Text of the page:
Dissertations, Theses and Capstone Projects

Date of Award


Degree Type


Degree Name

Doctor of Business Administration (DBA)



First Advisor

Dr. Neal P. Mero

Second Advisor

Dr. Torsten M. Pieper

Third Advisor

Dr. Dana Hermanson

Fourth Advisor

Dr. Charles J. Amlaner


Several extreme events are examined in this dissertation to better understand the implications of such events for expanding the existing knowledge of crisis leadership. Through interviews with leaders that had direct leadership roles in extreme events such as the Fukushima nuclear reactor explosions, Deepwater Horizon oilrig explosion, and Super Storm Sandy, in addition to national leadership, e.g. White House Situation Room, an in-depth, cross-case analysis of leadership in extreme crises is presented. Previous literature concludes that the abilities of leaders are second only to the cause of the event itself in determining the outcome of a disaster but due to the rarity of these events, there has been limited scholarly consideration of the implications of these events for leadership research and practice. Using an inductive, qualitative approach to analyze the interviews, the results lead to several conclusions. First, there is a need for this and additional research to clarify the meaning or unique challenges that define the characteristics of an extreme event crisis especially in the most extreme cases. Second, the importance of the effects of felt emotions including mortality salience on extreme leadership is profound on the thinking and actions of leaders in these events. Third, classic crisis management and leadership theories are insufficient for explaining the needed actions in responding to extreme events.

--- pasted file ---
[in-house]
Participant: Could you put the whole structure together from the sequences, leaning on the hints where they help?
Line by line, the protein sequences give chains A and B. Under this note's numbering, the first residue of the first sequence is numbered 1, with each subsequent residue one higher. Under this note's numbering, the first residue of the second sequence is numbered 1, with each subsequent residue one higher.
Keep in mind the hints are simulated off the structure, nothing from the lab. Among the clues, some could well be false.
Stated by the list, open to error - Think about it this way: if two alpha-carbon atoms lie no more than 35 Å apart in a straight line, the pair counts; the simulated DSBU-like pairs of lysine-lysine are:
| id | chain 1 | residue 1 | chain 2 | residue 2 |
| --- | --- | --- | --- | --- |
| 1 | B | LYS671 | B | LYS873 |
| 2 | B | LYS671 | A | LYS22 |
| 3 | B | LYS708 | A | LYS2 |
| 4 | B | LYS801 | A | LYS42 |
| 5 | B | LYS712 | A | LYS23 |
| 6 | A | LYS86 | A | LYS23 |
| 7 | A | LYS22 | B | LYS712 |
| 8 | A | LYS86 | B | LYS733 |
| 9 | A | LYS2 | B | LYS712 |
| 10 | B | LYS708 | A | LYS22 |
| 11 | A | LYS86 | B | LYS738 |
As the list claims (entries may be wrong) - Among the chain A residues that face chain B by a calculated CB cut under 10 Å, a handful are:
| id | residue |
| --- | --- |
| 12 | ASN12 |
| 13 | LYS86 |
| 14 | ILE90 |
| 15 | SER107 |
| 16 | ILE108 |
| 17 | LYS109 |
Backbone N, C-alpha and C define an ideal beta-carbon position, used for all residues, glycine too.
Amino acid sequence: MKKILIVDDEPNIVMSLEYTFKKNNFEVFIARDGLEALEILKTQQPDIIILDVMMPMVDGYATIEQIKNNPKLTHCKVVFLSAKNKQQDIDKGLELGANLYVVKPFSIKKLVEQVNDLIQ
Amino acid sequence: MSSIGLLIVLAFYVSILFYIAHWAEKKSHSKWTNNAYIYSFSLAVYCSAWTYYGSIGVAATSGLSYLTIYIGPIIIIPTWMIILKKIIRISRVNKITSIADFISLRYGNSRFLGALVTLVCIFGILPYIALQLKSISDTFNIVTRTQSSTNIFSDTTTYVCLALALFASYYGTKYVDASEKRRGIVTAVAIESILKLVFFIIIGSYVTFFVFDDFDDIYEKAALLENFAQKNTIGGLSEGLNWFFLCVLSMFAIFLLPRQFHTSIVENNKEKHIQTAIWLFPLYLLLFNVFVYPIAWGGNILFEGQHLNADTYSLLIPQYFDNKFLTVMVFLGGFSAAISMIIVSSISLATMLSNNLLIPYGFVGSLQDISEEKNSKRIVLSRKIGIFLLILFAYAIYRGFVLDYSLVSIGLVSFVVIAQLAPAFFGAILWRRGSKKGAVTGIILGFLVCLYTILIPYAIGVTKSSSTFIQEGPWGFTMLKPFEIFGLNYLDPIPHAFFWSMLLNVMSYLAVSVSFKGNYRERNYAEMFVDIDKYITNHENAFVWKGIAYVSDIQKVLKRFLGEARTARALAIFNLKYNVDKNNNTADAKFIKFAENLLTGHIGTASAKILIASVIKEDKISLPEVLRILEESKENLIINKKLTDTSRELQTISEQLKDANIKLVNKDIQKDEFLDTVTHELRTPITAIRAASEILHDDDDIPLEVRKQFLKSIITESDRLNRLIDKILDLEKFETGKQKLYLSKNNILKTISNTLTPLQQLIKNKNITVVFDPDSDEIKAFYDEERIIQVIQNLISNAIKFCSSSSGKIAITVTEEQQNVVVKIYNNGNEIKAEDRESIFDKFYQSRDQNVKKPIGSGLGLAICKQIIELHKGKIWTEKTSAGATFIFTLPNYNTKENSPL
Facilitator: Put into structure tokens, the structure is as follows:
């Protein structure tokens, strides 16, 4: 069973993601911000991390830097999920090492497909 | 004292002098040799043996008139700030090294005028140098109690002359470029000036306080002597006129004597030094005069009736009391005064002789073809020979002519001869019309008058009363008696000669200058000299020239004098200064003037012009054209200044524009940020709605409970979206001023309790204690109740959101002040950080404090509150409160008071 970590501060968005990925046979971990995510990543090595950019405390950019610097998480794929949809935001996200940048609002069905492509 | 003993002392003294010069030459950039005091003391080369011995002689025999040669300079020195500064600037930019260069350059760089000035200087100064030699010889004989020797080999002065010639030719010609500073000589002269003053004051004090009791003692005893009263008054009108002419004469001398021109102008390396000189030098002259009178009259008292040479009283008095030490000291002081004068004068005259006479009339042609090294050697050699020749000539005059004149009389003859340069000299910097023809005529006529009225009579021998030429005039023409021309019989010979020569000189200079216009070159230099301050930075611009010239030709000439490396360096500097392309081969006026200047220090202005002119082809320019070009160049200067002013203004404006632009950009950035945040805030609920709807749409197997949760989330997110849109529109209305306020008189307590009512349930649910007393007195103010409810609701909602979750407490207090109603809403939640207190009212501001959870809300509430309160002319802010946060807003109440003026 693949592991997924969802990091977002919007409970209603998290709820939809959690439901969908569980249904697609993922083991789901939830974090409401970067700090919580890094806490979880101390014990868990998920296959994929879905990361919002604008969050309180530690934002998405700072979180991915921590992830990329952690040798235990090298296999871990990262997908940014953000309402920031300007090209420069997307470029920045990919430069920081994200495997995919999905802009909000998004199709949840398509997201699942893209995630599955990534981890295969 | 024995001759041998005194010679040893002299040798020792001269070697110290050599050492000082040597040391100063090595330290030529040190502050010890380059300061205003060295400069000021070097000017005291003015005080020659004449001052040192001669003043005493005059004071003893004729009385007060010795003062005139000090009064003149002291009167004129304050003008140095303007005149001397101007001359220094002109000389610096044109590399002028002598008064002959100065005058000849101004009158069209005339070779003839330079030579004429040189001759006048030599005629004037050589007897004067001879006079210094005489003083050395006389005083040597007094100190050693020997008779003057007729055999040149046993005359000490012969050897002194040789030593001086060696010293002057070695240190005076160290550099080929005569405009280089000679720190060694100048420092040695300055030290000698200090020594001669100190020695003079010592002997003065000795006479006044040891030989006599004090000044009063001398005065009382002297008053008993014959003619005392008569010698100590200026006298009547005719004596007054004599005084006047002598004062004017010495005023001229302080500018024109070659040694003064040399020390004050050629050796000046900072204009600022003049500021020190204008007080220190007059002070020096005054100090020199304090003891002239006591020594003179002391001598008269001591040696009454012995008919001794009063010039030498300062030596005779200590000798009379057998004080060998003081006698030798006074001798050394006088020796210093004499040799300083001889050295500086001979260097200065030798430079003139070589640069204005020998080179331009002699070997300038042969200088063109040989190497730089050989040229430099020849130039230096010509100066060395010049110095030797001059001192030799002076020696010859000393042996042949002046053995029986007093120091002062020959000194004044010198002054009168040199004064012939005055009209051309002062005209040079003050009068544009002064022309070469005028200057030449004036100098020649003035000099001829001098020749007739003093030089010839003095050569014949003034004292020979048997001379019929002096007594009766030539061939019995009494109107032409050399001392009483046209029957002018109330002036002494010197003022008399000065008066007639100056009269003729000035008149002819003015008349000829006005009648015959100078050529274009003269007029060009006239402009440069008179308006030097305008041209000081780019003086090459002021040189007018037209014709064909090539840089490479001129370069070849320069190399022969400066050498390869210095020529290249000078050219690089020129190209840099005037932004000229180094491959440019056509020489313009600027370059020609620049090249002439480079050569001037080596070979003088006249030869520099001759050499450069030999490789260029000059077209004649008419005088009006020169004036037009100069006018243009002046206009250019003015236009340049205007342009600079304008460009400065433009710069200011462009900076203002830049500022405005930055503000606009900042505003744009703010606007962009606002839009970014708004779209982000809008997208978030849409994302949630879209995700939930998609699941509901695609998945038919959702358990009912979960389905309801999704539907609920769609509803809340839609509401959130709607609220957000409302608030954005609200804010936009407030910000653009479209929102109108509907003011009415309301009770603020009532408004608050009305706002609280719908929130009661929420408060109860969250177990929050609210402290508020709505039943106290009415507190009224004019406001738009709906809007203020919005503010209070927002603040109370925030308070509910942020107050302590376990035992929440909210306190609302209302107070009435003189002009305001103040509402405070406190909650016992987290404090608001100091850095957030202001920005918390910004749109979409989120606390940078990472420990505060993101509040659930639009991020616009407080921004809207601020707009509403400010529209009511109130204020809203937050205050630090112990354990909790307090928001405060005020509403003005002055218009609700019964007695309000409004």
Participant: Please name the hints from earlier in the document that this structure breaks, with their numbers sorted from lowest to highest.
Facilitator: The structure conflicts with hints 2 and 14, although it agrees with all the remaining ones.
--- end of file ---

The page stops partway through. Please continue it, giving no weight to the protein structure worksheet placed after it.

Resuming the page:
These conclusions were integrated with prior research to develop a model of crisis leadership based on a continuum of crisis events from routine to extreme. This model is developed around six leadership concepts either identified in prior research or developed based on the findings of this study. The model also identifies threshold points where routine crisis events become more extreme. At these threshold points the demands on all actors in the event, especially the leaders, become more non-linear and can result in great emotional influences on sensemaking and subsequent decision making. This dissertation concludes that leadership in this context can almost exclusively be focused on life-saving, and instinctual or emotional responses. Further the differences between leadership in dangerous military and non-military domains are examined. The implication of these findings for practitioners and future researchers is also discussed.